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Death Warrior

Lionsgate Home Entertainment // R // December 1, 2009
List Price: $26.98 [Buy now and save at Amazon]

Review by J. Doyle Wallis | posted December 28, 2009 | E-mail the Author

My knee jerk reaction when seeing trailers for films like Kazaam, Space Jam, or Double Team was to laugh at the poor basketball fans who would actually pay to see their athletic heroes stiffly act in a feature film. Of course, I grew up watching exploitation films with football stars like Fred Williamson and Jim Brown. Though of course, that was on video over a decade later and I didn't have a clue they were sports figures until years later. To me, they were just badass black actors. And don't get me started on my love for Gymkata.

Now I pay penance for my hypocritical mockery. I basically follow three sports, tennis, boxing, and mixed martial arts. The latter has become a breeding ground for athletes who think they too can be movie stars or, at the very least, play at being movie stars in their months off between training camps. The likes of Bas Rutten, Mirko Filopovic, Ken and Frank Shamrock, Chuck Liddell, Tito Ortiz, and Randy Couture have all shown up on tv and films, most of them the DTV or cameo/small role variety. Now, I don't care about sports figures personalities, much less their outside interests, but the b-film lover in me is drawn to the spectacle. I'm not saying I'll watch every second of Scorpion King: Rise of a Warrior just because of Randy Couture, but I will watch a few minutes, which is more than I would have without his presence.

Death Warrior's promotional media focus on the involvement of MMA athletes Quentin "Rampage" Jackson, Georges St-Pierre, Rashad Evans, and Keith Jardine, but they are all side characters. Jackson, for instance, is in three early scenes, including his one big action scene where he dies at roughly the twenty minute mark of the film. Jardine has the most substantial role, ironic considering how in the sports world he is considered the least charismatic of the MMA'ers cast in this film. Death Warrior's true star is Hector Echivarria, an Argentine action guy who has a number of DTV action films you've likely never heard of under his belt. He also co-wrote and choreographed Death Warrior.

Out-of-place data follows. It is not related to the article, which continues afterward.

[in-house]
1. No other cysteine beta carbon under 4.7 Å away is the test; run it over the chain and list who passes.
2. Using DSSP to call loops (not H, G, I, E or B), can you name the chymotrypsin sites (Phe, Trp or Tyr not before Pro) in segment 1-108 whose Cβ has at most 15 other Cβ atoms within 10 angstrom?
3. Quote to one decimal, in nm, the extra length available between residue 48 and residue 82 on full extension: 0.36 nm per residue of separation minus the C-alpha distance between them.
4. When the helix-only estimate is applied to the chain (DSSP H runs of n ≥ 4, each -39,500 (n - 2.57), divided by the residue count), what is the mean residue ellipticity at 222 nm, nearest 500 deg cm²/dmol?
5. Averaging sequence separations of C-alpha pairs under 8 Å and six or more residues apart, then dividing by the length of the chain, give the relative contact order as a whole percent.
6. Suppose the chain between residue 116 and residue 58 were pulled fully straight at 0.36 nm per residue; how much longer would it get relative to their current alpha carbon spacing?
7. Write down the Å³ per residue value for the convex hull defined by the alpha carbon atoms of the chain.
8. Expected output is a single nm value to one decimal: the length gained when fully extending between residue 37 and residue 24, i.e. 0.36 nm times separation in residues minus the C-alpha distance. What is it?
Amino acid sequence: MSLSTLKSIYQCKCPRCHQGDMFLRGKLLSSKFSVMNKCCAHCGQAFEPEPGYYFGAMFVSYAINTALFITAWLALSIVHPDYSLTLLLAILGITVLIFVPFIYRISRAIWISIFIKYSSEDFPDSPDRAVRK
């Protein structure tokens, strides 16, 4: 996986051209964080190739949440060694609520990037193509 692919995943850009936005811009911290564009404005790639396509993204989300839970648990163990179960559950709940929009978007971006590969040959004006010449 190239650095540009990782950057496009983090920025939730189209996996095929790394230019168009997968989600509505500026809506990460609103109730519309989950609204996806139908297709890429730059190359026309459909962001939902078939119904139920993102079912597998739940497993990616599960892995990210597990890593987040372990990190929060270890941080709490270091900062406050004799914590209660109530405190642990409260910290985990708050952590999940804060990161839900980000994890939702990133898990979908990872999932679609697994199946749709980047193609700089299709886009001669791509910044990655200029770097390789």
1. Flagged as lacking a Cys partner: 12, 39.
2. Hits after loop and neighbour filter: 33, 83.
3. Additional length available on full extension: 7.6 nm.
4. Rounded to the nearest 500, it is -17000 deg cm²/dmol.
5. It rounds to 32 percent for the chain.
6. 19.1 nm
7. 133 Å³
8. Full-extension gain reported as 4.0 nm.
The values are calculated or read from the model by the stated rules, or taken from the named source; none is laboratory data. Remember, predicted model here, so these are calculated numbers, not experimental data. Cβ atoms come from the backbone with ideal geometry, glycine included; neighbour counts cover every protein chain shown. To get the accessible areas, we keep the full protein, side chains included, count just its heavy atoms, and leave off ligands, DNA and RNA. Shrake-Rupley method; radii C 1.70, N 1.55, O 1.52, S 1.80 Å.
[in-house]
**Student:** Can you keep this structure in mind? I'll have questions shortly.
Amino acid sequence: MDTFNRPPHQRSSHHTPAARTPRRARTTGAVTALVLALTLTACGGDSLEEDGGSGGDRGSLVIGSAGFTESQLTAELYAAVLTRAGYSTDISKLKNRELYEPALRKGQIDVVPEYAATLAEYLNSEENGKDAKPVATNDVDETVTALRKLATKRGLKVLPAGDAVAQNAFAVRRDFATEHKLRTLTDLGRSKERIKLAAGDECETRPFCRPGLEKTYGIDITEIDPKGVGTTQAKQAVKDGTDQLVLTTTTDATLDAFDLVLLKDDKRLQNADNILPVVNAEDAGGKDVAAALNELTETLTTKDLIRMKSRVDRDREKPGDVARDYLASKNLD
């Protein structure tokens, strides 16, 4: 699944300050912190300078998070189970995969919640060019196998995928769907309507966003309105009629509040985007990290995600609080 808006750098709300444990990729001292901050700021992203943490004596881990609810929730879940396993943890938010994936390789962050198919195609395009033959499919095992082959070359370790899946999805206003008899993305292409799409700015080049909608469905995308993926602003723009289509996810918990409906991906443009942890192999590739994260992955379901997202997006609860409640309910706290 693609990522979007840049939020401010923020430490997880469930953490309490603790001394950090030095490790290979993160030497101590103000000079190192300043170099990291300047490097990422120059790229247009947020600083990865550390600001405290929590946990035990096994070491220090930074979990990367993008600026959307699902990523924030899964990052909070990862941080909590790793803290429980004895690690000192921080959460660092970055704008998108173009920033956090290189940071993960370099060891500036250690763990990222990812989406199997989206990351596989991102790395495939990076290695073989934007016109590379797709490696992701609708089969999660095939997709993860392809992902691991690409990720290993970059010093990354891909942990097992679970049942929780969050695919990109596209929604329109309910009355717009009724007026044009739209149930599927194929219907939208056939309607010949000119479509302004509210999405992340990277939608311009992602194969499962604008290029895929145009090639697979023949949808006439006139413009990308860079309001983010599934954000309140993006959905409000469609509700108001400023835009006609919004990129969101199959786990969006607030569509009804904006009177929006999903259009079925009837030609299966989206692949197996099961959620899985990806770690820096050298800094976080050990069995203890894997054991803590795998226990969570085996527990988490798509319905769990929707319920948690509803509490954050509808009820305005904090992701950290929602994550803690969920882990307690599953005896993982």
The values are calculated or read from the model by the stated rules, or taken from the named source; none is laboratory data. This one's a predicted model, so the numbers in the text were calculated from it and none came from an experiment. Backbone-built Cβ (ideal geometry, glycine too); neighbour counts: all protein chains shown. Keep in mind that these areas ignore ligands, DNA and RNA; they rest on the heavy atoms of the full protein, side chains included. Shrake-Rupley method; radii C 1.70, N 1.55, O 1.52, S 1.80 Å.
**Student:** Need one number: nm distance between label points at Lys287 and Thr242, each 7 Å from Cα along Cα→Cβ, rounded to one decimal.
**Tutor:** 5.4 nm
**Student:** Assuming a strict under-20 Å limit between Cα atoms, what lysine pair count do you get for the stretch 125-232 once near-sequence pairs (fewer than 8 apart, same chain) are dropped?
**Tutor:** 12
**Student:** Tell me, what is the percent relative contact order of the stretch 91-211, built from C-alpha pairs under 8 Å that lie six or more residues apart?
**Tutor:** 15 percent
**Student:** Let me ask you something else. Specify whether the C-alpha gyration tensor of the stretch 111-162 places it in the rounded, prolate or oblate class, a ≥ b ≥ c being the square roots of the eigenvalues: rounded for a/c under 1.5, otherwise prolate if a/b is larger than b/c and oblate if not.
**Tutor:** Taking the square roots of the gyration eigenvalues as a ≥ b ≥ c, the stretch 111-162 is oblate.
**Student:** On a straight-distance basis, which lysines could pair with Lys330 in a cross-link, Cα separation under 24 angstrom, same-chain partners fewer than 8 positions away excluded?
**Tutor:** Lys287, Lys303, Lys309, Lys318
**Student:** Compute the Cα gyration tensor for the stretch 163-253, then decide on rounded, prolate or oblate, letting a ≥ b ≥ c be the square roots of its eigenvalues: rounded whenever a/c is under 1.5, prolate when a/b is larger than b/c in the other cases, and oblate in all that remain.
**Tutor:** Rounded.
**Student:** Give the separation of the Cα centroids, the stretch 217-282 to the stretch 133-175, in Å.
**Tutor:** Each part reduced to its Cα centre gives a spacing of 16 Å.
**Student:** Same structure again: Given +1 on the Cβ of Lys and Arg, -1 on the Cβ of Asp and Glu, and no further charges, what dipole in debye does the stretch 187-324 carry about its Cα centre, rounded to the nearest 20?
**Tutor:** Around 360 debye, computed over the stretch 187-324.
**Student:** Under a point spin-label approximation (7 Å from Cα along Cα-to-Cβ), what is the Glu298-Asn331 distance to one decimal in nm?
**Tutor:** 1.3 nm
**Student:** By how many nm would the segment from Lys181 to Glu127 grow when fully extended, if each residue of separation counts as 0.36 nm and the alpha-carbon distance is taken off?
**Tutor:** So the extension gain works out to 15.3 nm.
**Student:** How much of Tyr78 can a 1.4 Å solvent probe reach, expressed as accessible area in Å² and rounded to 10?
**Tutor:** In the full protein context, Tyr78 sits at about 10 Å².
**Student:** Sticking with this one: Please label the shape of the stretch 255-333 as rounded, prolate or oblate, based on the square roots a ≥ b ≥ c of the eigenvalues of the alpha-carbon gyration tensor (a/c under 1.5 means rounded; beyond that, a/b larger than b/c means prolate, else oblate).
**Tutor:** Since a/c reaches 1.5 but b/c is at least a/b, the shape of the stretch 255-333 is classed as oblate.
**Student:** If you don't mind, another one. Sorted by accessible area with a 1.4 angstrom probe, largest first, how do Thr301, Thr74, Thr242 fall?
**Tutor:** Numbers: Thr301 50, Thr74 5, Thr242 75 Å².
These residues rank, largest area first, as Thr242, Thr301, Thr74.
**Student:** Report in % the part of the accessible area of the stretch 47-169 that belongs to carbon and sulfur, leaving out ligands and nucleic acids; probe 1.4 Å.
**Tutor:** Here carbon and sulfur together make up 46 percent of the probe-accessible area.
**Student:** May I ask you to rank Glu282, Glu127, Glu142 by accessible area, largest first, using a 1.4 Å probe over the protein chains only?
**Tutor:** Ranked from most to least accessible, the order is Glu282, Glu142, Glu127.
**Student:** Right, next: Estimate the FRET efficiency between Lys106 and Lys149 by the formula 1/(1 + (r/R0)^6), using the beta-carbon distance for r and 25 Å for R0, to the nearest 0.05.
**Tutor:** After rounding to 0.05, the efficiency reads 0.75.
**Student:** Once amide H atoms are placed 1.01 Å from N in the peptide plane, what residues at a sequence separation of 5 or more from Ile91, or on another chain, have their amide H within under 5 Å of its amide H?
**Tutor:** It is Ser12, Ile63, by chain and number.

Reinero (Echivarria) is the longtime heavyweight champion of the "Ultimate Challenge" mixed martial arts event. One night a hit squad breaks into his house, captures him, and injects Reinero's wife with a neurotoxin. It seems the nefarious Ivan Mikhailov (Nick Mancuso) has arranged an underground fight to the death that is broadcast and bet on by a secret society of the rich elite. Reinero and other fighters Shaman (GSP), Wolf (Jackson), Andre (Jardine), and El Croco (Evans) are blackmailed into fighting, otherwise their loved ones will die.

So, yeah, there is no way for me to write out a synopsis that colors Death Warrior as anything other than generic dumb action film plot #100. Its really just a bungled series of cliches and weird action film logic, like the fact that Reinero is sold to us as famous when his agent pitches him a role in an action movie that only plays on cel phones. Yeah, I don't get it either. Why not say, Ridley Scott or Micheal Bay wants you for their next epic? High-kicking Echivarria is another in a long line of English as a second language stock heroes and he doesn't really go to any lengths to paint himself as anything special. Mancuso shamelessly mugs, spits, yells, and cartoonishly grins through every scene. Shek Kin he is not. But, he is the only villan I can recall that leaves a nice fruit plate out for his guests. The MMA stars just sort of show up to get pummeled on, though, as I said, Jardine gets significantly more screentime with the final survivor/buddy role.